Audubon has five candidates for two city seats
This Tuesday, voters in the Audubon City Council elections will have five candidates to choose from to fill two council seats, while incumbent Mayor Terry Johnson was the lone candidate to file for that position.
In the council race, incumbent Gary Bakken will be seeking re-election, but he will be challenged by Donald Holm, Bob Renney, Carol Bergerson and Jason Leucuta, all of whom are seeking their first term on the council.
Here is a look at the council candidates and their views on various municipal issues:
Gary Bakken, incumbent
Bakken, 64, is married with one daughter.
An 18-year veteran on the city council, he feels his experience will help the city through difficult financial times.
"I think the main thing right now is to keep the city going financially," he said. "We're having a little trouble with budget cuts, trying to live within our budget."
The loss of state funding has certainly not helped that situation.
Bakken said the city has seen some positive changes in residential development, with three EDA-owned apartment buildings bringing more people into town, and some new houses going up on the east side of town as well.
"We have some lots with city services on the south side of town where we'll hopefully get some building going too," he added.
The city also owns some land that might be used for future business development, if the money could be found to make the necessary infrastructure improvements, Bakken said.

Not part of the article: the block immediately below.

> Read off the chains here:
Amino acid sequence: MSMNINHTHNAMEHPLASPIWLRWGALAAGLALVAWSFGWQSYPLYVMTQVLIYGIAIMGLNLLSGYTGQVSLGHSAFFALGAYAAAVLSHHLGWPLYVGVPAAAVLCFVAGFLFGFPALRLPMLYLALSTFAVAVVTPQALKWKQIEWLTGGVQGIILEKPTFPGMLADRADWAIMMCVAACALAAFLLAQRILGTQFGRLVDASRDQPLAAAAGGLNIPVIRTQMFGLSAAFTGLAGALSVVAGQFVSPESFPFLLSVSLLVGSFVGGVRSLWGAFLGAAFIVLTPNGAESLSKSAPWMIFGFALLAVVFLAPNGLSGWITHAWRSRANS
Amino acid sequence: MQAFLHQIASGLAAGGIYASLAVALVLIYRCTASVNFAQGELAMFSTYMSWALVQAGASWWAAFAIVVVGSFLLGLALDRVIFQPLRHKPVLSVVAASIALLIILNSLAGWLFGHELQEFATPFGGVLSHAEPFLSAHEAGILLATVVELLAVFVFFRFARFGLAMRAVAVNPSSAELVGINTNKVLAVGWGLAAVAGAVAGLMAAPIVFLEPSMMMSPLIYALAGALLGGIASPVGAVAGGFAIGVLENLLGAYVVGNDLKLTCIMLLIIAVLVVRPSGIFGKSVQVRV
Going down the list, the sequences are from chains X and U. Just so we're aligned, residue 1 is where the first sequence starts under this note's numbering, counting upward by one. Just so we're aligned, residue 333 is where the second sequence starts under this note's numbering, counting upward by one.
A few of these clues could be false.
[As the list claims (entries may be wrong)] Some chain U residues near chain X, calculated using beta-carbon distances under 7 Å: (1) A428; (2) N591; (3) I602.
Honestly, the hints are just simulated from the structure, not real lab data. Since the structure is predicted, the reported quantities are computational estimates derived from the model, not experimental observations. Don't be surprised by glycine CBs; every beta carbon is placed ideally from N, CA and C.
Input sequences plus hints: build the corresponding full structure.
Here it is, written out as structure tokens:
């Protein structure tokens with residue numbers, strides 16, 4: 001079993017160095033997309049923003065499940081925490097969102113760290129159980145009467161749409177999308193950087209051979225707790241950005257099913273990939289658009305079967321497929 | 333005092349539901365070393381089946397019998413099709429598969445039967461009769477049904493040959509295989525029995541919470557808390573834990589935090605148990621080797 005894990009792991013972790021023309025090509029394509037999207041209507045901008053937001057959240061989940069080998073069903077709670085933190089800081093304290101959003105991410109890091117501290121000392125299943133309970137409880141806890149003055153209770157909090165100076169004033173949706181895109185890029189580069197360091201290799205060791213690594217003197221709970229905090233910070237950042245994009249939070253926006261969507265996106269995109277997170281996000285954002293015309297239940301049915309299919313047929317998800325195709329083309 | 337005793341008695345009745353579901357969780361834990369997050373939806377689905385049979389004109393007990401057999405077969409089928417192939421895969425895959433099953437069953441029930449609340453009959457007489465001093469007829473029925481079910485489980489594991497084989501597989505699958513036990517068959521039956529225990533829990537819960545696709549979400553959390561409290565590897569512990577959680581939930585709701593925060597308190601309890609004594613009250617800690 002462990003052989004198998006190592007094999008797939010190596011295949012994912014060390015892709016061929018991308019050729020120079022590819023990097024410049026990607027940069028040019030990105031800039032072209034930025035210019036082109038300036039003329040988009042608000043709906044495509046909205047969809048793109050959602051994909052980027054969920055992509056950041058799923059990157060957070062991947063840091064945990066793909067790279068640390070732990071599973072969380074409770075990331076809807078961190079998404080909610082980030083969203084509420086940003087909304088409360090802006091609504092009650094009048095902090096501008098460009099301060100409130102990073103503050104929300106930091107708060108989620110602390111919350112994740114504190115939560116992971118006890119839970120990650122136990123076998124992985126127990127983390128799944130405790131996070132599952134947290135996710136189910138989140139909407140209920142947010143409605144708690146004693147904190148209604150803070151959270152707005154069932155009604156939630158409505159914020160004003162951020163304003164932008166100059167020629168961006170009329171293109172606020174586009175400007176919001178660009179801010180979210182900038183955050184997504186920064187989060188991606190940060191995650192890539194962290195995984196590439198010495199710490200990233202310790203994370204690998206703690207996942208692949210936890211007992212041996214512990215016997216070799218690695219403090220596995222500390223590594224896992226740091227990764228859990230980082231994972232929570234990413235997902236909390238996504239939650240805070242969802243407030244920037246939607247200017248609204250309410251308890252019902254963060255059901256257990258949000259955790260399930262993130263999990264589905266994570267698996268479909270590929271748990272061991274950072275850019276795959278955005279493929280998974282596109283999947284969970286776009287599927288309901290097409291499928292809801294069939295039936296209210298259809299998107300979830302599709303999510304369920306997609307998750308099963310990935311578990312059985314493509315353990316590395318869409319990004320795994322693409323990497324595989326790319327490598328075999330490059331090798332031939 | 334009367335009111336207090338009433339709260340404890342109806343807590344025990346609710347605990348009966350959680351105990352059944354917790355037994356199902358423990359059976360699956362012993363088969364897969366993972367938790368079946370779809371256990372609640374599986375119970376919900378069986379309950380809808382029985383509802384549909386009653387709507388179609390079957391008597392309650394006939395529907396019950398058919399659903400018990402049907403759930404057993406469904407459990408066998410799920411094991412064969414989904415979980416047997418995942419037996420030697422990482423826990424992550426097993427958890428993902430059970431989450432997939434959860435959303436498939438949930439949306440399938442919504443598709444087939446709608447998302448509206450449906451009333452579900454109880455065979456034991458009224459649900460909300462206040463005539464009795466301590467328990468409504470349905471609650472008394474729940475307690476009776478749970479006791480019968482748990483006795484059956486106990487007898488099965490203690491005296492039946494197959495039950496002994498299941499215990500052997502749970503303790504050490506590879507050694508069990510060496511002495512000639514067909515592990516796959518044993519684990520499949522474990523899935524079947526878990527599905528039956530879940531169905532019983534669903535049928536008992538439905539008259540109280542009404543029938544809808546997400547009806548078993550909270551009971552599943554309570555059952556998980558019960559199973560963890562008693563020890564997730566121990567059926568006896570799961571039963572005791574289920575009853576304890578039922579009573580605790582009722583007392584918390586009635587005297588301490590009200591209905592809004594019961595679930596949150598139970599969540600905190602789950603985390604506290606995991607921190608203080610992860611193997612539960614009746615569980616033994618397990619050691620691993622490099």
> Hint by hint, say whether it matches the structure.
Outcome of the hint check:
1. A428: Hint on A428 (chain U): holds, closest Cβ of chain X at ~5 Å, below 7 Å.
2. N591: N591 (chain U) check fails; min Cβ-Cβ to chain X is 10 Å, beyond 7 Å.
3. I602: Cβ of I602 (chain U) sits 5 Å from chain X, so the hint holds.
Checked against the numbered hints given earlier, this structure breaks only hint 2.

One thing that he would like to see resolved in the next few years is the need for a new community center and fire hall facilities.
"It's desperately needed," he said.
Donald Holm, challenger
Holm, 32, who is seeking his first term on the city council, is married with five children.
He said he decided to seek city office because "I think we just need some change. I think we need to try to move in a forward direction and that doesn't seem to be happening."
Holm, who has provided snow removal services to the city in the past, feels that Lake Park "is behind on a lot of things like equipment and maintenance of roads."
He said he thinks that there need to be "fundamental changes" to how the city manages its budget.
"I'd like to see a better budget than what we've got, it doesn't seem to be working the way it's set up right now," Holm said. "If they had a better budget they'd be able to better maintain some of this stuff and keep up with the basics."
Once the city's budget woes have been taken care of, Holm said, they will be better equipped to work on things like economic development.
"They've really undermined themselves with this 'robbing Peter to pay Paul' mentality... it's a tight economy, and no one wants to raise taxes, but we have to do stuff to keep the town operating because state funding is not like it used to be."
Holm "would like to see more business coming into town," but is pleased that the residential development seems to be picking up.
"We've got a nice little community here, a lot of youth moving in and families starting out," he said. "I think there's a chance for a great future here."
Bob Renney, challenger
Renney, 59, is a retired Navy serviceman who works part-time at Ace Hardware. He is married, with three children and seven grandchildren.
A past manager of the Detroit Lakes VFW, he is also an ex-Grand Knight of the Knights of Columbus Council 3166, and a life member of both the VFW and Disabled American Veterans.